World Library  
Flag as Inappropriate
Email this Article

Siege of Caizhou

Siege of Caizhou
Part of Mongol–Jin War and Jin–Song Wars
Date December 1233 – February 9, 1234
Location Caizhou, modern Runan, Northern China
  • Decisive Mongol victory
  • Emperor Aizong commits suicide, Emperor Modi killed in battle
  • Jin dynasty ends
Jin dynasty Mongol Empire
Song Dynasty
Commanders and leaders
Emperor Aizong of Jin
Emperor Modi of Jin
Ögedei Khan

The siege of Caizhou between 1233 and 1234 was fought between the Jurchen Jin dynasty and the Mongol Empire, allied with the Song Dynasty. It was the last major battle in the war between the Mongols and the Jin. They had fought for decades beginning in 1211, when the Mongols first invaded under the command of Genghis Khan.[1] The Jin capital of Zhongdu had been besieged in 1213,[2] then captured by the Mongols in 1215. In the intervening years, the Jin moved their capital to Kaifeng.[3] Ögedei Khan, the successor of Genghis, rose to power after his predecessor died in 1227.[4] In 1230, the war effort against the Jin recommenced.[5] Emperor Aizong, the Jurchen emperor, fled when the Mongols besieged the Jin capital of Kaifeng.[6] On February 26, 1233, he reached the town of Guide, and then moved on to the town of Caizhou,[6] now Ru'nan in Henan,[7] on August 3.[6] The Mongols arrived at Caizhou in December, 1233. The Song Dynasty had rebuffed Aizong's plea for assistance, and joined forces with the Mongols. Warnings that the Song would be invaded next were ignored.[6]

Aizong tried to retreat, and committed suicide when the likelihood of escaping from Caizhou was no longer plausible.[6] He was succeeded by Emperor Modi, a member of the royal family living in the town. Caizhou was breached by the Mongols on February 9, 1234.[6] Modi died in the ensuing battle on February 10, ending a reign that spanned less than two days after his enthronement on February 9.[6][8] The Jin dynasty came to a close with the fall of Caizhou.[9] The Song were eager to exploit the destruction of the Jin by annexing Henan. They did not succeed and were repelled by the Mongols.[10]


  • (hardcover); ISBN 978-0-674-01212-7 (paperback).


  1. ^ Franke 1994, p. 252.
  2. ^ Allsen 1994, p. 351.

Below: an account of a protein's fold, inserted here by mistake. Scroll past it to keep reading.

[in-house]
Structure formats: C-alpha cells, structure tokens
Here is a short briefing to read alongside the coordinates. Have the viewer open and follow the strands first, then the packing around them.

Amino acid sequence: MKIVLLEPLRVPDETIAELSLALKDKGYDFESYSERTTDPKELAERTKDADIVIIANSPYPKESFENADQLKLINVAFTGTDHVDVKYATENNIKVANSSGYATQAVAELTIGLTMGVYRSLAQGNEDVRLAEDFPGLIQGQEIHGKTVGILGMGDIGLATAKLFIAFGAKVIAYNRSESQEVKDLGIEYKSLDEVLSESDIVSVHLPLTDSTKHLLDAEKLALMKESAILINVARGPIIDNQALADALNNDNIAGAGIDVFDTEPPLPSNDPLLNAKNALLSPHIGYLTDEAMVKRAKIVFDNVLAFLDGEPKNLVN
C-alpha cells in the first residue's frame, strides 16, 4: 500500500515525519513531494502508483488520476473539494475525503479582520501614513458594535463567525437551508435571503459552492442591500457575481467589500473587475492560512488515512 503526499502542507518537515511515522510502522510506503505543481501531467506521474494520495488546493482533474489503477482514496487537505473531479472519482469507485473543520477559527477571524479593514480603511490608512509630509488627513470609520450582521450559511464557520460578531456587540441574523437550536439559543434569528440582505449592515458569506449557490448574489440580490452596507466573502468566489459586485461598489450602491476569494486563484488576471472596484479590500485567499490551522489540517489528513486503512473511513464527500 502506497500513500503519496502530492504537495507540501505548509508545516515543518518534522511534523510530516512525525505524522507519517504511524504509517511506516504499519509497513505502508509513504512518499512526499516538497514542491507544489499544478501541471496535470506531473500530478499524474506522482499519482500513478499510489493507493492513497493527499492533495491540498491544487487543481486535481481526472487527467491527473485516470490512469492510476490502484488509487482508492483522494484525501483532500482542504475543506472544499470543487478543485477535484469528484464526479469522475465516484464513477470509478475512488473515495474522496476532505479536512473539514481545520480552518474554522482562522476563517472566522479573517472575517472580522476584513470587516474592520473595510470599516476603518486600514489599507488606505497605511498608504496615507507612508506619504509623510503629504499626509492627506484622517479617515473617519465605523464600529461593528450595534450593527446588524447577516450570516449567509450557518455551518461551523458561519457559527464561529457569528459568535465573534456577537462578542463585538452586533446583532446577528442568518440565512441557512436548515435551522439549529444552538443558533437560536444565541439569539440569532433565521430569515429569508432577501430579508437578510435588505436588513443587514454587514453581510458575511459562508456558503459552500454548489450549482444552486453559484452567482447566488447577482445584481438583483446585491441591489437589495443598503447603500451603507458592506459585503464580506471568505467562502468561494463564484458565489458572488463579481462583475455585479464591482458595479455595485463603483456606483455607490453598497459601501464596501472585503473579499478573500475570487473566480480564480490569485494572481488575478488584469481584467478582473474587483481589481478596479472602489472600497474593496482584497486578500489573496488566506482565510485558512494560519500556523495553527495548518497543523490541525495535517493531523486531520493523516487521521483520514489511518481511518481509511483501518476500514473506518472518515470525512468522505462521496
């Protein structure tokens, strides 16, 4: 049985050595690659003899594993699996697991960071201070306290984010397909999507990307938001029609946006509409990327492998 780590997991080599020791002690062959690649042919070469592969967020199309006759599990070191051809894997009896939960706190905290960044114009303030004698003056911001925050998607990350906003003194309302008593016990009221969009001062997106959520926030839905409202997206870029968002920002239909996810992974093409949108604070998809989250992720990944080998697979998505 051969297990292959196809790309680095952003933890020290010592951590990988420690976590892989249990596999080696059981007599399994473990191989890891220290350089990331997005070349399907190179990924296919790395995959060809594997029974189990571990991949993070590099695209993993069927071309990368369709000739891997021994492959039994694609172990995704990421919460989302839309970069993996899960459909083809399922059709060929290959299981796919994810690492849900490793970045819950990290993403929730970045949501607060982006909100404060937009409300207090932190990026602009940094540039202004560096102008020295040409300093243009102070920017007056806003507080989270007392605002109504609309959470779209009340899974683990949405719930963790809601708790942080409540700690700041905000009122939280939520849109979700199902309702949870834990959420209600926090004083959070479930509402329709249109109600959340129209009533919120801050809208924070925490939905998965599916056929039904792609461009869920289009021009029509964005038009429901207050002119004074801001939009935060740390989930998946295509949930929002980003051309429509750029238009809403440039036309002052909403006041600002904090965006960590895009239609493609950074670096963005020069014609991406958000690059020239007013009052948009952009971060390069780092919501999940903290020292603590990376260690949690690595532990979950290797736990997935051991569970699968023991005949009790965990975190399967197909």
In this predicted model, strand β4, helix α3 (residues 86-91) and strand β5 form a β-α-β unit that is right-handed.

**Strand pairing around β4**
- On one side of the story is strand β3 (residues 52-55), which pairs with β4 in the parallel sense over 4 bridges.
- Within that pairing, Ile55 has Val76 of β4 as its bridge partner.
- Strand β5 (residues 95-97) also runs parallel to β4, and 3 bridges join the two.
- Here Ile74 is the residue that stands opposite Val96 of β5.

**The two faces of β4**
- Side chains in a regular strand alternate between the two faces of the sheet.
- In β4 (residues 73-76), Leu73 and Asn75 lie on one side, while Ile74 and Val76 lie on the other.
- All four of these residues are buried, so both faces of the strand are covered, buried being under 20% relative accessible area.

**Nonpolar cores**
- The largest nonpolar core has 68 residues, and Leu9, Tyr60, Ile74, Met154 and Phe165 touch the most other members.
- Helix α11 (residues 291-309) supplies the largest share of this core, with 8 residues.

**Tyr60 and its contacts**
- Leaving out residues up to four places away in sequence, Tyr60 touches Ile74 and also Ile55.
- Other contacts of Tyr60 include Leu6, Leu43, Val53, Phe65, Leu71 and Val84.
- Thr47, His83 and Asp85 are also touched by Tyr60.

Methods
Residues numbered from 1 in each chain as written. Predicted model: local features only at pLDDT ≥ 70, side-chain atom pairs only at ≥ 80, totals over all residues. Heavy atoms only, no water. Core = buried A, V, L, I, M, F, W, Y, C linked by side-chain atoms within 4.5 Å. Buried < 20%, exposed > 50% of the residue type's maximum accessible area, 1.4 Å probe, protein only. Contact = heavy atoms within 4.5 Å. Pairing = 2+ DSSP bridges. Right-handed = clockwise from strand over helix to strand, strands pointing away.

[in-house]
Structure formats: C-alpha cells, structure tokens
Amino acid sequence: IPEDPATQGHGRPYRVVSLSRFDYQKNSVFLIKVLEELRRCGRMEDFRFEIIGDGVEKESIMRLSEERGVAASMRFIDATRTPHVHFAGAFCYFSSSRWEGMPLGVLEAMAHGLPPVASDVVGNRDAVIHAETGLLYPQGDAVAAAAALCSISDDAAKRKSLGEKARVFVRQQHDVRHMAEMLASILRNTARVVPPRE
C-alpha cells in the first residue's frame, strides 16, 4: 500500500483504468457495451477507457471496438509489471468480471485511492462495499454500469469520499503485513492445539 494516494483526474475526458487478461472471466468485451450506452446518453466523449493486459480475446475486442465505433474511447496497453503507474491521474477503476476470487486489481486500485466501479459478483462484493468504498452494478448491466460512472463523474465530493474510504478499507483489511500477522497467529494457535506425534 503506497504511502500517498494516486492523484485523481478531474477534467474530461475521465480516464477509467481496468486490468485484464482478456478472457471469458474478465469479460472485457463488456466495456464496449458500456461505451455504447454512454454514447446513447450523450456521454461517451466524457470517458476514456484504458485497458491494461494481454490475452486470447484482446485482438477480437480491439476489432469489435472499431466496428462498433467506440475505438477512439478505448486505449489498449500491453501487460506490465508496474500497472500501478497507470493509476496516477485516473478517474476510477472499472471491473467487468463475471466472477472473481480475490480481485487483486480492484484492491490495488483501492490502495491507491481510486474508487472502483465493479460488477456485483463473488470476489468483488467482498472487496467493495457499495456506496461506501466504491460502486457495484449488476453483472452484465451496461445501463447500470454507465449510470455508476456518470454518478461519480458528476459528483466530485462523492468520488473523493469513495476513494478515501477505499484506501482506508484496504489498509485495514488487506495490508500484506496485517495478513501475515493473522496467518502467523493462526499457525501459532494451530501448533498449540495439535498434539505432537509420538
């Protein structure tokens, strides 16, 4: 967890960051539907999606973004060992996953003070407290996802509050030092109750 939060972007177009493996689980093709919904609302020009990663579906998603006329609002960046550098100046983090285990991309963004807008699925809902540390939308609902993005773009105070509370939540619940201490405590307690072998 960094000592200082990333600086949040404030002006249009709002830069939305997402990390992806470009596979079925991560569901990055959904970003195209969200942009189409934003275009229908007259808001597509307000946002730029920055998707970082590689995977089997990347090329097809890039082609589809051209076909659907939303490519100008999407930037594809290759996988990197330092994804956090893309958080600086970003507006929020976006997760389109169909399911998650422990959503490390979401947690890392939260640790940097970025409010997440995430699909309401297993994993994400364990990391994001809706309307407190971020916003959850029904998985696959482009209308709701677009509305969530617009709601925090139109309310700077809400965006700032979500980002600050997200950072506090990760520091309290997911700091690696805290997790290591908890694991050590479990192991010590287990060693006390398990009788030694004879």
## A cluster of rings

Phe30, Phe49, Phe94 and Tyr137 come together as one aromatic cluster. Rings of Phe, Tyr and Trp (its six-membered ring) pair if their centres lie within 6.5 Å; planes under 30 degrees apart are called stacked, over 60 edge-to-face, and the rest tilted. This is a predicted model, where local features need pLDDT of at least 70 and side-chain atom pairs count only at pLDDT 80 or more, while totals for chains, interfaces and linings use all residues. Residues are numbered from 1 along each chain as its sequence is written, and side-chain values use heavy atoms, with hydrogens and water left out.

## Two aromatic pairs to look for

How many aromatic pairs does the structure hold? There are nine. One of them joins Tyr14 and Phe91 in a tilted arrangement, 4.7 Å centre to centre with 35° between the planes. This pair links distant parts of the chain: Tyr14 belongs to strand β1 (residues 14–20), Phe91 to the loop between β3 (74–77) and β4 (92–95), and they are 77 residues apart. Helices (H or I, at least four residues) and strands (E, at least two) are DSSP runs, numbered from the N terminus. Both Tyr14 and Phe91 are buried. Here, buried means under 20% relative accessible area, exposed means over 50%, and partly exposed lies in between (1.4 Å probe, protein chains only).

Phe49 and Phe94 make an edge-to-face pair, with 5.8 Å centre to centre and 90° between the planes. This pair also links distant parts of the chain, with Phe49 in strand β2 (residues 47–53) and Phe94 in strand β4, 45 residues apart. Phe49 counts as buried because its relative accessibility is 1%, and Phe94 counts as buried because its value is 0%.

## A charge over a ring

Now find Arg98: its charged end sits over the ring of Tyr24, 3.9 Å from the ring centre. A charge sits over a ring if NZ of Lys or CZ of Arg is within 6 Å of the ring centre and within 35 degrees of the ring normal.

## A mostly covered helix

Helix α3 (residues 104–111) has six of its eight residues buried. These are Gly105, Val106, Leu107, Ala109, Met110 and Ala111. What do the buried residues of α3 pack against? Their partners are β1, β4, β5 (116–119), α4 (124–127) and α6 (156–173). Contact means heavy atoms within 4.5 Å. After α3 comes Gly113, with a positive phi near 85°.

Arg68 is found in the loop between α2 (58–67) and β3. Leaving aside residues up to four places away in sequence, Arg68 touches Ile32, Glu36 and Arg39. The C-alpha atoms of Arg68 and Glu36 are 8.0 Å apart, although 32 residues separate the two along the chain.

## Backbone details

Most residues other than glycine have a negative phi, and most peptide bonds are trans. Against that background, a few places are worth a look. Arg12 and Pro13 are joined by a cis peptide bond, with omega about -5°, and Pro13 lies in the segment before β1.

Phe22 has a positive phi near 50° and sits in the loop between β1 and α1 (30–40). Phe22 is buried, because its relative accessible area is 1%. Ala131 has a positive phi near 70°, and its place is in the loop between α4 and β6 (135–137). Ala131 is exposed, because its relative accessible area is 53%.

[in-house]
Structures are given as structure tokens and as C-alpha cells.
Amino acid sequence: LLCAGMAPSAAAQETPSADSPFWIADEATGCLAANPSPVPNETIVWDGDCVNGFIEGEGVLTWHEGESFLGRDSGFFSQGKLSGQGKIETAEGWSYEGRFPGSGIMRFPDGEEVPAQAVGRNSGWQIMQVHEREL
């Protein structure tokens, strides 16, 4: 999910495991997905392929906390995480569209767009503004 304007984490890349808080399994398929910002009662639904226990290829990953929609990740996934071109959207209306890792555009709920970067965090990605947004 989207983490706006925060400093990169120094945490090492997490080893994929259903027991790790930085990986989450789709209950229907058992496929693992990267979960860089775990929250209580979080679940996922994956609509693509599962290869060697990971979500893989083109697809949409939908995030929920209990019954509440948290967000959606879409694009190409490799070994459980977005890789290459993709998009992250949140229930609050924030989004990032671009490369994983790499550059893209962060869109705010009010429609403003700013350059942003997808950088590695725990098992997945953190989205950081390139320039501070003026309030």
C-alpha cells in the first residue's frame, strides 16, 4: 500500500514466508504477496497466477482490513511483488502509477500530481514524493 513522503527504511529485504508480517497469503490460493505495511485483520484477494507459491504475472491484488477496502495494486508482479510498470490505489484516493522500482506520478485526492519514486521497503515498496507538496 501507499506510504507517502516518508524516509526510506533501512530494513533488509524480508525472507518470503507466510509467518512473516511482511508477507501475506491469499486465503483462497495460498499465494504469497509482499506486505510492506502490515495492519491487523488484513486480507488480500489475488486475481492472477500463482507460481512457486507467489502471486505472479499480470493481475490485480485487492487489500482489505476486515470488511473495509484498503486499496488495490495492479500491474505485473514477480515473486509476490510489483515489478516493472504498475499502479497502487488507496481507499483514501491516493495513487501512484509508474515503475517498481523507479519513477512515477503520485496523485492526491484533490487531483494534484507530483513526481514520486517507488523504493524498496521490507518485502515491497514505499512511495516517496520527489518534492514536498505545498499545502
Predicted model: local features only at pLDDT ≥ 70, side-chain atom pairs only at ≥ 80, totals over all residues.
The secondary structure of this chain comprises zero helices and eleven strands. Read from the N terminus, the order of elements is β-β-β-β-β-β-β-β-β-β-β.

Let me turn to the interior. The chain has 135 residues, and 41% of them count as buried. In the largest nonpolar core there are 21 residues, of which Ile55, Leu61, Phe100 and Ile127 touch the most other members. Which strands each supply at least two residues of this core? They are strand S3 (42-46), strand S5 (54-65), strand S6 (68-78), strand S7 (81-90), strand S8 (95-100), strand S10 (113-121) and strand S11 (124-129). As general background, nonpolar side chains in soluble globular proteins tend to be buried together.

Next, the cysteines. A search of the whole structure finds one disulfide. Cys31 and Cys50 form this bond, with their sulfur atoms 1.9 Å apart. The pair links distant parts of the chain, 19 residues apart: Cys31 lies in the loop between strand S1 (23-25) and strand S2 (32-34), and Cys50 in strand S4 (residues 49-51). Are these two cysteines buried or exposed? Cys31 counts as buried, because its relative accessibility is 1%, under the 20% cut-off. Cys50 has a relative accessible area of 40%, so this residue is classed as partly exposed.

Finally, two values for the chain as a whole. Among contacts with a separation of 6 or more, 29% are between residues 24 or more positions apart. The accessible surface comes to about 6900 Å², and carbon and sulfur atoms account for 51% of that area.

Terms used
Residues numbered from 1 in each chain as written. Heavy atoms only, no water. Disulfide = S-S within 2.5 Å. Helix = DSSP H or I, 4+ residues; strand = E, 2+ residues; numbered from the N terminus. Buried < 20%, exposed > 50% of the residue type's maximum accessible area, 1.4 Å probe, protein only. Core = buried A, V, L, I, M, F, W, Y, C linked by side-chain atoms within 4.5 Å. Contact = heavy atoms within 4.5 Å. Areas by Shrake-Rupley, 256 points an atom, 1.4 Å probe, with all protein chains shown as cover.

3. ^ Franke 1994, p. 254.
  4. ^ Allsen 1994, pp. 265-366.
  5. ^ Allsen 1994, p. 370.
  6. ^ a b c d e f g Franke 1994, p. 264.
  7. ^ Mote 1999, p. 248.
  8. ^ Mote 1999, p. 215.
  9. ^ Franke 1994, p. 265.
  10. ^ Allsen 1994, p. 372.
This article was sourced from Creative Commons Attribution-ShareAlike License; additional terms may apply. World Heritage Encyclopedia content is assembled from numerous content providers, Open Access Publishing, and in compliance with The Fair Access to Science and Technology Research Act (FASTR), Wikimedia Foundation, Inc., Public Library of Science, The Encyclopedia of Life, Open Book Publishers (OBP), PubMed, U.S. National Library of Medicine, National Center for Biotechnology Information, U.S. National Library of Medicine, National Institutes of Health (NIH), U.S. Department of Health & Human Services, and, which sources content from all federal, state, local, tribal, and territorial government publication portals (.gov, .mil, .edu). Funding for and content contributors is made possible from the U.S. Congress, E-Government Act of 2002.
Crowd sourced content that is contributed to World Heritage Encyclopedia is peer reviewed and edited by our editorial staff to ensure quality scholarly research articles.
By using this site, you agree to the Terms of Use and Privacy Policy. World Heritage Encyclopedia™ is a registered trademark of the World Public Library Association, a non-profit organization.

Copyright © World Library Foundation. All rights reserved. eBooks from Project Gutenberg are sponsored by the World Library Foundation,
a 501c(4) Member's Support Non-Profit Organization, and is NOT affiliated with any governmental agency or department.